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Motion to Quash vs. Provisional Dismissal


A dismissal based on a motion to quash and a provisional dismissal are far different from one another as concepts, in their features, and legal consequences. 


1. Who may file.

A motion to quash is invariably filed by the accused. In contrast, a case may be provisionally dismissed at the instance of either the prosecution or the accused, or both.


2. Form and content

The motion to quash shall be in writingsigned by the accused or his counsel and shall distinctly specify its factual and legal grounds. (Sec 2, Rule 117) These requirements do not apply to a provisional dismissal.


3. Grounds

The grounds for a motion to quash are specified under Section 3, Rule 117. In contrast, Section 8, Rule 117 does not state the grounds that lead to a provisional dismissal. A necessary consequence is that where the grounds cited are those listed under Section 3, then the appropriate remedy is to file a motion to quash, not any other remedy. Conversely, where a ground does not appear under Section 3, then a motion to quash is not a proper remedy. A motion for provisional dismissal may then apply if the conditions required by Section 8 obtain.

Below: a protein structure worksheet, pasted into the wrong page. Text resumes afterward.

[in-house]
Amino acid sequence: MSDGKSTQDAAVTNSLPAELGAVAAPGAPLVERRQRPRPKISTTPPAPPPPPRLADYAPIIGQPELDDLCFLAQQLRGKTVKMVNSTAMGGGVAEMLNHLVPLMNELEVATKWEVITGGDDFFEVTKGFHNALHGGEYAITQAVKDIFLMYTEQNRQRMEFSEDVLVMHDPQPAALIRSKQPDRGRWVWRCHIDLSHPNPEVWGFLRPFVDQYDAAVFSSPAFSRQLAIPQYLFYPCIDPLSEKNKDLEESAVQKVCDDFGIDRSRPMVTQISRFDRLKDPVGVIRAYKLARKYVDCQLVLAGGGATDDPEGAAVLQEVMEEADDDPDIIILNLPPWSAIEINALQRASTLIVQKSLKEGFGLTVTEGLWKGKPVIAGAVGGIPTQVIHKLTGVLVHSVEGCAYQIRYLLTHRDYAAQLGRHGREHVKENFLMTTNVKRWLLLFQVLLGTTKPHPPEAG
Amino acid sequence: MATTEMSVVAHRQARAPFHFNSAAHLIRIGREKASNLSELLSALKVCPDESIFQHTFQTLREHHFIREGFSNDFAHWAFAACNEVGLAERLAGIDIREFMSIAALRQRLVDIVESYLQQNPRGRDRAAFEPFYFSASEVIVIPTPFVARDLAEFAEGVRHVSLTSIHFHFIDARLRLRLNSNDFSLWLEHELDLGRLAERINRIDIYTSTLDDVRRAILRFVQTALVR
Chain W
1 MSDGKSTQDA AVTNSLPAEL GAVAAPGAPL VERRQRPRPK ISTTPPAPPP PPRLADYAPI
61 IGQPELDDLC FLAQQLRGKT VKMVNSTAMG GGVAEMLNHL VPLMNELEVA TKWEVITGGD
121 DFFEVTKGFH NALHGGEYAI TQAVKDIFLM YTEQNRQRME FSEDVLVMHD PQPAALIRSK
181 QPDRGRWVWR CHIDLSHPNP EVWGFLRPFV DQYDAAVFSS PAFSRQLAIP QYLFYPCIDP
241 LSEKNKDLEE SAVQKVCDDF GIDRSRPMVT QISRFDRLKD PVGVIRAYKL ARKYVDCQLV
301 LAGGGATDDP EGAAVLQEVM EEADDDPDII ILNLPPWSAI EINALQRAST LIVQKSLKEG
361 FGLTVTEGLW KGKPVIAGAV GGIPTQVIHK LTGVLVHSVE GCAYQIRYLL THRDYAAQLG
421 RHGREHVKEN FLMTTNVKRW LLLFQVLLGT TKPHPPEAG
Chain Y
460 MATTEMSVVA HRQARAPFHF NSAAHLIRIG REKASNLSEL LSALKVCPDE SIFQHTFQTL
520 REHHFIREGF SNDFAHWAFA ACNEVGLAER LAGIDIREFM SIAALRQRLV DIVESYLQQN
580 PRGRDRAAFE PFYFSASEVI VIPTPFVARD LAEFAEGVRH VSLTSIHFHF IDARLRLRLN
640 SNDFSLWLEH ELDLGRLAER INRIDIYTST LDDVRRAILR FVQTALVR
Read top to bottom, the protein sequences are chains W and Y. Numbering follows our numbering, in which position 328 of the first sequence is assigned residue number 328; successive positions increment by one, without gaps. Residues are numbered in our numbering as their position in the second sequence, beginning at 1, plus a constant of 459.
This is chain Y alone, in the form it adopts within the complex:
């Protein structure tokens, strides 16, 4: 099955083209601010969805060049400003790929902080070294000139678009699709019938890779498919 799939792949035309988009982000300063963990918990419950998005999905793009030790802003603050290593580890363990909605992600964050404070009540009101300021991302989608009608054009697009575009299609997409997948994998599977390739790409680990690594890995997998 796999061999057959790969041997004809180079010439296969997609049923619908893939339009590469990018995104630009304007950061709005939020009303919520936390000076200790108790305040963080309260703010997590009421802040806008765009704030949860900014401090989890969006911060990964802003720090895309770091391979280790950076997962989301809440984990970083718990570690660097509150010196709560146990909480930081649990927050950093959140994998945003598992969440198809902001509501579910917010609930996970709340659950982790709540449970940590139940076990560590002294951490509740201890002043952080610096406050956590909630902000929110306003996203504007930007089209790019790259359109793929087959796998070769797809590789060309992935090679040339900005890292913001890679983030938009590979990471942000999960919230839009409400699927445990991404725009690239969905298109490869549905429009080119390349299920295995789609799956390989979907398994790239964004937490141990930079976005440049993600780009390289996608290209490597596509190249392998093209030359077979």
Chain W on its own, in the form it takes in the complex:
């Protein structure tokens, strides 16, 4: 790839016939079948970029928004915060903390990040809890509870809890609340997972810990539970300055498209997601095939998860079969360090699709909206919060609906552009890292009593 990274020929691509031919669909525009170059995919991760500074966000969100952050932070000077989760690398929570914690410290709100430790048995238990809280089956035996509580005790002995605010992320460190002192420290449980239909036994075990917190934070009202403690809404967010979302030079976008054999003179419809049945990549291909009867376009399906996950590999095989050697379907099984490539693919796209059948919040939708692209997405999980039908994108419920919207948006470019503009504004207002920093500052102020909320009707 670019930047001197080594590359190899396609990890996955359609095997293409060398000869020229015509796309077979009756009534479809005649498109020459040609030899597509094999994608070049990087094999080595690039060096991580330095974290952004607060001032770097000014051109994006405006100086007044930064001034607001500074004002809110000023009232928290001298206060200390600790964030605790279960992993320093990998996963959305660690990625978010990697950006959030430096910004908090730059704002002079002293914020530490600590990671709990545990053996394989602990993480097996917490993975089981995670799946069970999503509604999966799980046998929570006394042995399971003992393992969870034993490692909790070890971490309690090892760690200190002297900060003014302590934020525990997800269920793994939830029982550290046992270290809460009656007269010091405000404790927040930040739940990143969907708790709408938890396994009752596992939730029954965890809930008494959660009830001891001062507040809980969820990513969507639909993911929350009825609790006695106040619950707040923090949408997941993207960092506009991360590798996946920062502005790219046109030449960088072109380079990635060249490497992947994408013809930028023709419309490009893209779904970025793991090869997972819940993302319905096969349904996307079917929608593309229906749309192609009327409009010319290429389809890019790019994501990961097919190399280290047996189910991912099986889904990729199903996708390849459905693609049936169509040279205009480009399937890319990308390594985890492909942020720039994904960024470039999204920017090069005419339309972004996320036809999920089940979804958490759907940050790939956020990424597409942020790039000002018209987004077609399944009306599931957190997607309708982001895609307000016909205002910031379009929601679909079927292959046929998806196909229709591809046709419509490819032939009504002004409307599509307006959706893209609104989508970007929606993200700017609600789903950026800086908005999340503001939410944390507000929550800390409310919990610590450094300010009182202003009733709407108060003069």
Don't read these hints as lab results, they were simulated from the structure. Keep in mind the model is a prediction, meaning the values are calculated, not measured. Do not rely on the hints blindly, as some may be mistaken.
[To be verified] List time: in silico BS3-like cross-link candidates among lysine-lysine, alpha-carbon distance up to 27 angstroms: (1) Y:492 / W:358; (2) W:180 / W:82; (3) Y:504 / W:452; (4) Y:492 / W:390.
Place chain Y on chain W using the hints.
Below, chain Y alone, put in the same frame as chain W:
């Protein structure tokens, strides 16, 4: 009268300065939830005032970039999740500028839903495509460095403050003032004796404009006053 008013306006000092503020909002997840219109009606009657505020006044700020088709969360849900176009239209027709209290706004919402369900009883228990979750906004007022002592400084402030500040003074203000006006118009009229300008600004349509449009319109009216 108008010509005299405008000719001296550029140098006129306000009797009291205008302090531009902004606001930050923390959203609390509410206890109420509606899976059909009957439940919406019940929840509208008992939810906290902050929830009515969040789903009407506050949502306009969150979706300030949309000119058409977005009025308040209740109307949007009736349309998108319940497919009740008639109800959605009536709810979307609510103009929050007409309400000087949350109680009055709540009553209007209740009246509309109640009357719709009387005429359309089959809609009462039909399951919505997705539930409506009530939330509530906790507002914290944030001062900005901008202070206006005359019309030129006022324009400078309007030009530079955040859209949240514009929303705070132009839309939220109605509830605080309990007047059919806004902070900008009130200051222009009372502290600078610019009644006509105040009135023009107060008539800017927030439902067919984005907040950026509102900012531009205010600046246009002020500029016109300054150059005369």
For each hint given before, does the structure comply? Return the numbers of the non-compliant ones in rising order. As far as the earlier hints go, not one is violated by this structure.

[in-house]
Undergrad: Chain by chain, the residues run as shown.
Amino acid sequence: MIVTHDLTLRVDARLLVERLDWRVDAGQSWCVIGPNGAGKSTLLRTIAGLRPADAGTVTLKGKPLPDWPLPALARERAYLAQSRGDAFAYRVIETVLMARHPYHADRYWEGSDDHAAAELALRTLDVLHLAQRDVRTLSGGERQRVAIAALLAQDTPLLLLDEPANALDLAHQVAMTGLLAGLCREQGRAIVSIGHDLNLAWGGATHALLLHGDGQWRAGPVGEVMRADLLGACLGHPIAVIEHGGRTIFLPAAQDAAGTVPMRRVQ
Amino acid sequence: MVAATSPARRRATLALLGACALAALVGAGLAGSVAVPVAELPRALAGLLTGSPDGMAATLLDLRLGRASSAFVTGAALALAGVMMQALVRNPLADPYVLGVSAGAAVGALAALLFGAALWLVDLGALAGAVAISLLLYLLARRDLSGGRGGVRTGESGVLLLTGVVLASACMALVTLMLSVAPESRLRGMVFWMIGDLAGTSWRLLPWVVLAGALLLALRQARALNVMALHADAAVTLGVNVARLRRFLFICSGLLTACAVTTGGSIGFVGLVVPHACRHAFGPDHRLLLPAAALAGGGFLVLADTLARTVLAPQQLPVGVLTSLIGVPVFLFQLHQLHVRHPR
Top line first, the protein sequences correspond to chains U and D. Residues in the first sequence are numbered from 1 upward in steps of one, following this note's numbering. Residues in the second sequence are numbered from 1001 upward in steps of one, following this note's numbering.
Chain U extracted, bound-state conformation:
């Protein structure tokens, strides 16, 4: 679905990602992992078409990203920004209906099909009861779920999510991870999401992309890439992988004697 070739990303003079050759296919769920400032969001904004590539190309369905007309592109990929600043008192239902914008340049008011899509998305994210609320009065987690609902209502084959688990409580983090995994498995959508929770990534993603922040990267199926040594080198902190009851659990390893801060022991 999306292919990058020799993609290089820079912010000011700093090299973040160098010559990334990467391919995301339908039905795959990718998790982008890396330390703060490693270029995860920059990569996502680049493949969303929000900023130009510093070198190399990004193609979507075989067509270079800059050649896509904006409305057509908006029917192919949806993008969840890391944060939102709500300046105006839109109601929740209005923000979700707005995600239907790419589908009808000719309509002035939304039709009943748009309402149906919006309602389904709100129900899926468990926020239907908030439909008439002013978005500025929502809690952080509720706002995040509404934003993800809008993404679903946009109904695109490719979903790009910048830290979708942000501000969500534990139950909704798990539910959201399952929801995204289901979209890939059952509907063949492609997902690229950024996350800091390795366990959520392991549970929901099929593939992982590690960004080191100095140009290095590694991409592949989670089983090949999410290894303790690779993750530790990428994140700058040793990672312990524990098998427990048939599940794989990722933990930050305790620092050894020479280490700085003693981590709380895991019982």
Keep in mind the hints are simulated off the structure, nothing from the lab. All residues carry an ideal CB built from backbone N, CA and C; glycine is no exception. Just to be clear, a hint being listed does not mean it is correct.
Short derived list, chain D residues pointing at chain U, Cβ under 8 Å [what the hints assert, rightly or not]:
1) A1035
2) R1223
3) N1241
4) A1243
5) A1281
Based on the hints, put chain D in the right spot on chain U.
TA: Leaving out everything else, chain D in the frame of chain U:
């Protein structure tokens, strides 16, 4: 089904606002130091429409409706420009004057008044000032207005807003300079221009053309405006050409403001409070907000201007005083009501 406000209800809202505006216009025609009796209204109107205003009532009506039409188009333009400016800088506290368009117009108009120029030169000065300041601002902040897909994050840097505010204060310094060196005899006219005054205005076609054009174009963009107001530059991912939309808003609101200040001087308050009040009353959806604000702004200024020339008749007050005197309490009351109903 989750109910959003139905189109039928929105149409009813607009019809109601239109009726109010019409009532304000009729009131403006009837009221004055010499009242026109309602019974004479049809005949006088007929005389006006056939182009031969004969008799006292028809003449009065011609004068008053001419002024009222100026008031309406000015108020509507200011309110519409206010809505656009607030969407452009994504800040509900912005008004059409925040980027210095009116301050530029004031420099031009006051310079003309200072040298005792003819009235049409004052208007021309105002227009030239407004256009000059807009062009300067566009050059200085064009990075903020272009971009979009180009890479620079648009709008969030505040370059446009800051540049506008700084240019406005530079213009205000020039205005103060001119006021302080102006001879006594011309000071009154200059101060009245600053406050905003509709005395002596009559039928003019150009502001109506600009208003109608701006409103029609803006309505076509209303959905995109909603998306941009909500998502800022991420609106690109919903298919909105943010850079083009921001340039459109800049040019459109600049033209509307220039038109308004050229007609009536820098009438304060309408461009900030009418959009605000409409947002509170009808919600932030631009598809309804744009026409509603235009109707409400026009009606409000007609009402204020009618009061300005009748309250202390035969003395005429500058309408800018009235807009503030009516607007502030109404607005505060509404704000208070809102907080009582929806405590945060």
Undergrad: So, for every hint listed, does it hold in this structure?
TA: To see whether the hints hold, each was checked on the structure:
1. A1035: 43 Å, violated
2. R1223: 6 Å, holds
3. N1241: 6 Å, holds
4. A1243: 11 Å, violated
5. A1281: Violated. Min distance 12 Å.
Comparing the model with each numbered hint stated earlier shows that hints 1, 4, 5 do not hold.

A motion to quash assails the validity of the criminal complaint or the criminal information for defects or defenses apparent on face of the information; a provisional dismissal may be grounded on reasons other than the defects found in the information.


4. When allowed

A motion to quash is allowed before the arraignment (Section 1, Rule 117); there may be a provisional dismissal of the case even when the trial proper of the case is already underway provided that the required consents are present.


5. Effect of sustaining

An order sustaining the motion to quash is not a bar to another prosecution for the same offense unless the motion was based on the grounds specified in section 3 (g) and (i) of Rule 117 (criminal action or liability has been extinguished and double jeopardy). A dismissal under Section 8 i.e., one with the express consent of the accused is not intended to lead to double jeopardy as provided under Section 7, but nevertheless creates a bar to further prosecution under the special terms of Section 8.

A provisional dismissal is, by its own terms, impermanent until the time-bar applies, at which time it becomes a permanent dismissal. In contrast, an information that is quashed stays quashed until revived; the grant of a motion to quash does not per se carry any connotation of impermanence, and becomes so only as provided by law or by the Rules. In re-filing the case, what is important is the question of whether the action can still be brought, i.e., whether the prescription of action or of the offense has set in. In a provisional dismissal, there can be no re-filing after the time-bar, and prescription is not an immediate consideration. (Los BaƱos vs. Pedro, G.R. No. 173588, April 22, 2009)

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